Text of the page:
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Cedar Rapids Public Library to launch program aimed at improving health, nutrition in the community


The Cedar Rapids Public Library, 450 5th Avenue SE — Zak Neumann/Little Village

The Cedar Rapids Public Library (CRPL) wants to make getting and staying healthy a little bit easier. And in a few months, patrons will have access to nutrition classes, wellness equipment and other resources aimed at honing a healthy lifestyle.

The CRPL is one of two libraries at which the Iowa Department of Health is a launching a new program called “Harnessing the Power of Iowa’s Libraries.” (The other is the Perry Public Library in Dallas County.) The year-long project is being funded by a $50,000 grant the state health department received from the Telligen Community Initiative, a nonprofit that funds health-related projects in Iowa, Illinois, Oklahoma and Colorado.

“The purpose of the project as a whole is to look at community health needs and initiatives and how can libraries and the existing infrastructure in public libraries help support community health improvement plans,” CRPL director Dara Schmidt said.

Linn County Public Health, which is working with the library for this program, has done extensive strategic planning to come up with their community health improvement plan, Schmidt said. The plan addresses the “three most acute and major needs” of the community: mental health, obesity and safety.

The library also has its own strategic plan.

“The project helps us look at both of those [plans],” Schmidt said. “How do they overlap and how can we as a library enhance and support the great work of the public health department? How do we help our community be the best place it can be?”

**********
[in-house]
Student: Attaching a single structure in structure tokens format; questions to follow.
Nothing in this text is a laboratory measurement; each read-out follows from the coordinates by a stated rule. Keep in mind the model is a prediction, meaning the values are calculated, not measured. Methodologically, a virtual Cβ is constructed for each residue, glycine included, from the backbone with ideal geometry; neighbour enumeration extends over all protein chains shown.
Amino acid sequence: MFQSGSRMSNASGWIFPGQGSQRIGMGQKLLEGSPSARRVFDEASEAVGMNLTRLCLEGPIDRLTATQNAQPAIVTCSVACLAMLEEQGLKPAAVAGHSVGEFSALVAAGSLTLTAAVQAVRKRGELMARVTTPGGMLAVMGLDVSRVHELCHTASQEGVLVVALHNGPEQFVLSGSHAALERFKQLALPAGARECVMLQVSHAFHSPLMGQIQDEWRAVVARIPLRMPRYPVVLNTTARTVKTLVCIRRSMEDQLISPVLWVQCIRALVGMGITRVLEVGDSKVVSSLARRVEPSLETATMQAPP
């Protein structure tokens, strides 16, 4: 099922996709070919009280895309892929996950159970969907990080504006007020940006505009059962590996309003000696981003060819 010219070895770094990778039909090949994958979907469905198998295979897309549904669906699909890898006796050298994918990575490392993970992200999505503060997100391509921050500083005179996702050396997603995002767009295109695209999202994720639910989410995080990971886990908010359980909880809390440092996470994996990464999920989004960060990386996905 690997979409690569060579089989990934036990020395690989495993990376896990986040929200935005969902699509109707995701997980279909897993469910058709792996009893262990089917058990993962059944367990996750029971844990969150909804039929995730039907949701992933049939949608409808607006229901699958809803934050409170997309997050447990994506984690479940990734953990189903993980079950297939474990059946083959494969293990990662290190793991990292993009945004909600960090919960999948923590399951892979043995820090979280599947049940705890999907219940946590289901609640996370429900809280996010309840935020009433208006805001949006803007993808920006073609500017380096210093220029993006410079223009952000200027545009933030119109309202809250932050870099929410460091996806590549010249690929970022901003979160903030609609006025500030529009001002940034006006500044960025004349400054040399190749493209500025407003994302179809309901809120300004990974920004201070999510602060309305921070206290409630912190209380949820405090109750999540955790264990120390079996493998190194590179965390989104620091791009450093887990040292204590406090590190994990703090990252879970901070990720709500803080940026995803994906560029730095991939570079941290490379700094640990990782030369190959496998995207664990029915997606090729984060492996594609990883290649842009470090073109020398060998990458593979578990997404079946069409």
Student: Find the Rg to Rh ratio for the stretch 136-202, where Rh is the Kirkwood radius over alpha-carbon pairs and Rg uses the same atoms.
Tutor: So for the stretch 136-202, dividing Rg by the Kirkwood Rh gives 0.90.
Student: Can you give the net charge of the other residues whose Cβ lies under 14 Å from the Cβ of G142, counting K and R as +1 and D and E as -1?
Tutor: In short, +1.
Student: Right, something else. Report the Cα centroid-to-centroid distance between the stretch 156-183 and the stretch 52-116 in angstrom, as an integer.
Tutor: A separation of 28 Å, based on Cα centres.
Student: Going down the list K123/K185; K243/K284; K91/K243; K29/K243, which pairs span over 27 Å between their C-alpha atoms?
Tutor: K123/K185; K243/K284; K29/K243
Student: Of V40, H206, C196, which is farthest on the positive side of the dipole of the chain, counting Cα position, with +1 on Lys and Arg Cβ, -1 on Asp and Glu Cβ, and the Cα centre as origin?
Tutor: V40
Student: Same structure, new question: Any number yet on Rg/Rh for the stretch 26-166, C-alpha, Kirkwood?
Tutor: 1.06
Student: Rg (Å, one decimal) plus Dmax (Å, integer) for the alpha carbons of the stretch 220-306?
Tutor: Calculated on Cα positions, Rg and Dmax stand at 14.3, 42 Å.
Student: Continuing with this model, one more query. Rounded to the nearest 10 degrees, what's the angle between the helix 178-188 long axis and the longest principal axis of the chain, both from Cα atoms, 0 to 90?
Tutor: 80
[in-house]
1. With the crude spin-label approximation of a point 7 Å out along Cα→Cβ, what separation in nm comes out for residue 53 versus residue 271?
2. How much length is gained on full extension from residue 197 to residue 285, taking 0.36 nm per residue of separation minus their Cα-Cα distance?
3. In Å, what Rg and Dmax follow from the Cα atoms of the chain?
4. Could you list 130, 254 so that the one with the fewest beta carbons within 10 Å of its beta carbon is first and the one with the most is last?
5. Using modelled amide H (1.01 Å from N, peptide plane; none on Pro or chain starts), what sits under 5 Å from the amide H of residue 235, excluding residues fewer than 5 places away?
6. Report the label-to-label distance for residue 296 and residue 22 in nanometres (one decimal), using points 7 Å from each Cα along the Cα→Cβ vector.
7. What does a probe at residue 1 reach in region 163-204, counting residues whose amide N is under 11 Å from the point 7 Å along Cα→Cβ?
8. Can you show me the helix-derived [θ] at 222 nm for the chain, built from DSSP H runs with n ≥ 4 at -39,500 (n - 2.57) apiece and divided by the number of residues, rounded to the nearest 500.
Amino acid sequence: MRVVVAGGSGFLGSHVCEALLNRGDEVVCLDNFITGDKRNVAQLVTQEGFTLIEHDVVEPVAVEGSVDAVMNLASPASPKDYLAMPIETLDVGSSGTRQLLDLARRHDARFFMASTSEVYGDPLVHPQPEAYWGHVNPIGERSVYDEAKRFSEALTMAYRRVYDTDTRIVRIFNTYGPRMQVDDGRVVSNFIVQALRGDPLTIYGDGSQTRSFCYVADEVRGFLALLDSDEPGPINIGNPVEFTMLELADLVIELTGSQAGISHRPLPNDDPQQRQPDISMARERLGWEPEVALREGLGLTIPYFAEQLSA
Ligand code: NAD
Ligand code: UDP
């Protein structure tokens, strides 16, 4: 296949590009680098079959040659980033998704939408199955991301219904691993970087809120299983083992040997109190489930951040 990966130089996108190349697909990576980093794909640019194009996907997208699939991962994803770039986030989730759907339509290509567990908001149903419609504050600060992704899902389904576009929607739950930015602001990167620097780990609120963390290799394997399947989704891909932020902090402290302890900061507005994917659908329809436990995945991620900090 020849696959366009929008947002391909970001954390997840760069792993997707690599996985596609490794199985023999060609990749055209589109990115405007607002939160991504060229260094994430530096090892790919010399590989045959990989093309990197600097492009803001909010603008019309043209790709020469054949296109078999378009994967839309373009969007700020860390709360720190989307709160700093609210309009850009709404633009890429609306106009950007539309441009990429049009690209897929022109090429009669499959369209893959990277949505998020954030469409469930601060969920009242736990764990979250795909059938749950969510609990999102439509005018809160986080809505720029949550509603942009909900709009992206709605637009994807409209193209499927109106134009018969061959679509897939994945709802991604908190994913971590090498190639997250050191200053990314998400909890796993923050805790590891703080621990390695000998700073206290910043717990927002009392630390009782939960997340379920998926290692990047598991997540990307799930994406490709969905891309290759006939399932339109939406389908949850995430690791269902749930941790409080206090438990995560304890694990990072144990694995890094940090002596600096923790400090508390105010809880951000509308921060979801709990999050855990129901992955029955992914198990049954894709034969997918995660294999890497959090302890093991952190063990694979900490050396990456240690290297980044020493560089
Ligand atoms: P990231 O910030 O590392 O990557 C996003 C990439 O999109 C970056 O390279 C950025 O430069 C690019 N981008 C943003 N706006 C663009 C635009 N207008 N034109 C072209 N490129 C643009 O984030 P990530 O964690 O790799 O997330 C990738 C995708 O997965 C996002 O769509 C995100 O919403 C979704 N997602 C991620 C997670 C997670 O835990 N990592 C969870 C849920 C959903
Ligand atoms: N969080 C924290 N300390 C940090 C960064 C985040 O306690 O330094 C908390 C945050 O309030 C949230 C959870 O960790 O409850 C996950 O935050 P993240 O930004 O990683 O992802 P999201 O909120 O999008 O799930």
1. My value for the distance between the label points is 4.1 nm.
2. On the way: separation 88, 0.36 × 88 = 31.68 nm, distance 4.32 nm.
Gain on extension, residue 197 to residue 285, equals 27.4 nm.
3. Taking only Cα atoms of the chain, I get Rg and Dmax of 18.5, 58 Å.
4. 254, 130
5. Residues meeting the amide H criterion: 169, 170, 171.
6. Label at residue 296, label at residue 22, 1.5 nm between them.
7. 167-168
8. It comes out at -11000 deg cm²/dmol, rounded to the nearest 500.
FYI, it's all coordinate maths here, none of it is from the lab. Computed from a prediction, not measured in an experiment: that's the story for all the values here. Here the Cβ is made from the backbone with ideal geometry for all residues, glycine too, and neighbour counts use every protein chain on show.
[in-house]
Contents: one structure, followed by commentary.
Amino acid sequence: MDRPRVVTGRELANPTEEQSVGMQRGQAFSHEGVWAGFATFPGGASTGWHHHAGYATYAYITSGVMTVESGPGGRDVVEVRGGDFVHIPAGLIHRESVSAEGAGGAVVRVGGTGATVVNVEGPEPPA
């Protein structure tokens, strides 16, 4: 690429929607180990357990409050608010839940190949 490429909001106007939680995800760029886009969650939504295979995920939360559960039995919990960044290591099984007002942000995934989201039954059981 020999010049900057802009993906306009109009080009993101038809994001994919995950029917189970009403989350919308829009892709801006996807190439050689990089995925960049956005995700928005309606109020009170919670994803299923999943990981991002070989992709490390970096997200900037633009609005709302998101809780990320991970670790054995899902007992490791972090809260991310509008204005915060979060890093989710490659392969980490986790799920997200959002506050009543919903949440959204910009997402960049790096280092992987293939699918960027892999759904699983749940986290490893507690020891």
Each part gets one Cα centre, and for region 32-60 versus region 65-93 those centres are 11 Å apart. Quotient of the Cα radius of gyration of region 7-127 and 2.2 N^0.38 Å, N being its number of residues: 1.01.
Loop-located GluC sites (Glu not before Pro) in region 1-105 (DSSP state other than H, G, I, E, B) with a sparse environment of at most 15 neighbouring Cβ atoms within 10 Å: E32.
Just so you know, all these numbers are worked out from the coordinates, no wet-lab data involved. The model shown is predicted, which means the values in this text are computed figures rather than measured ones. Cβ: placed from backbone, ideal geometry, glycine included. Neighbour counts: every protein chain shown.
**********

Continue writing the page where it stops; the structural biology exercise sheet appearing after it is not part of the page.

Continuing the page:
There are four initiatives the CRPL is planning as part of this project, and the library is already at work on the first one — hiring a social/community health worker to increase access to human services. This was something the library had already been planning with Linn County Public Health, which is why they were able to start it right away, Schmidt said.

The CRPL will also offer early literacy information aimed at supporting maternal health and start lending wellness equipment — like yoga mats and resistance bands — in the spring (around April or May). Come summer, the library will hold healthy cooking and nutrition classes.

“I think everybody wants to be healthy, but it’s just not necessarily as easy as that,” Schmidt said. “So being able to look at some of those things through these healthy cooking and nutrition classes, I think will give the community an approachable and fun way to be able to support their own health.”

“We hope that we can incorporate health with enjoyment for long term sustainability and lifestyle changes for our community.”


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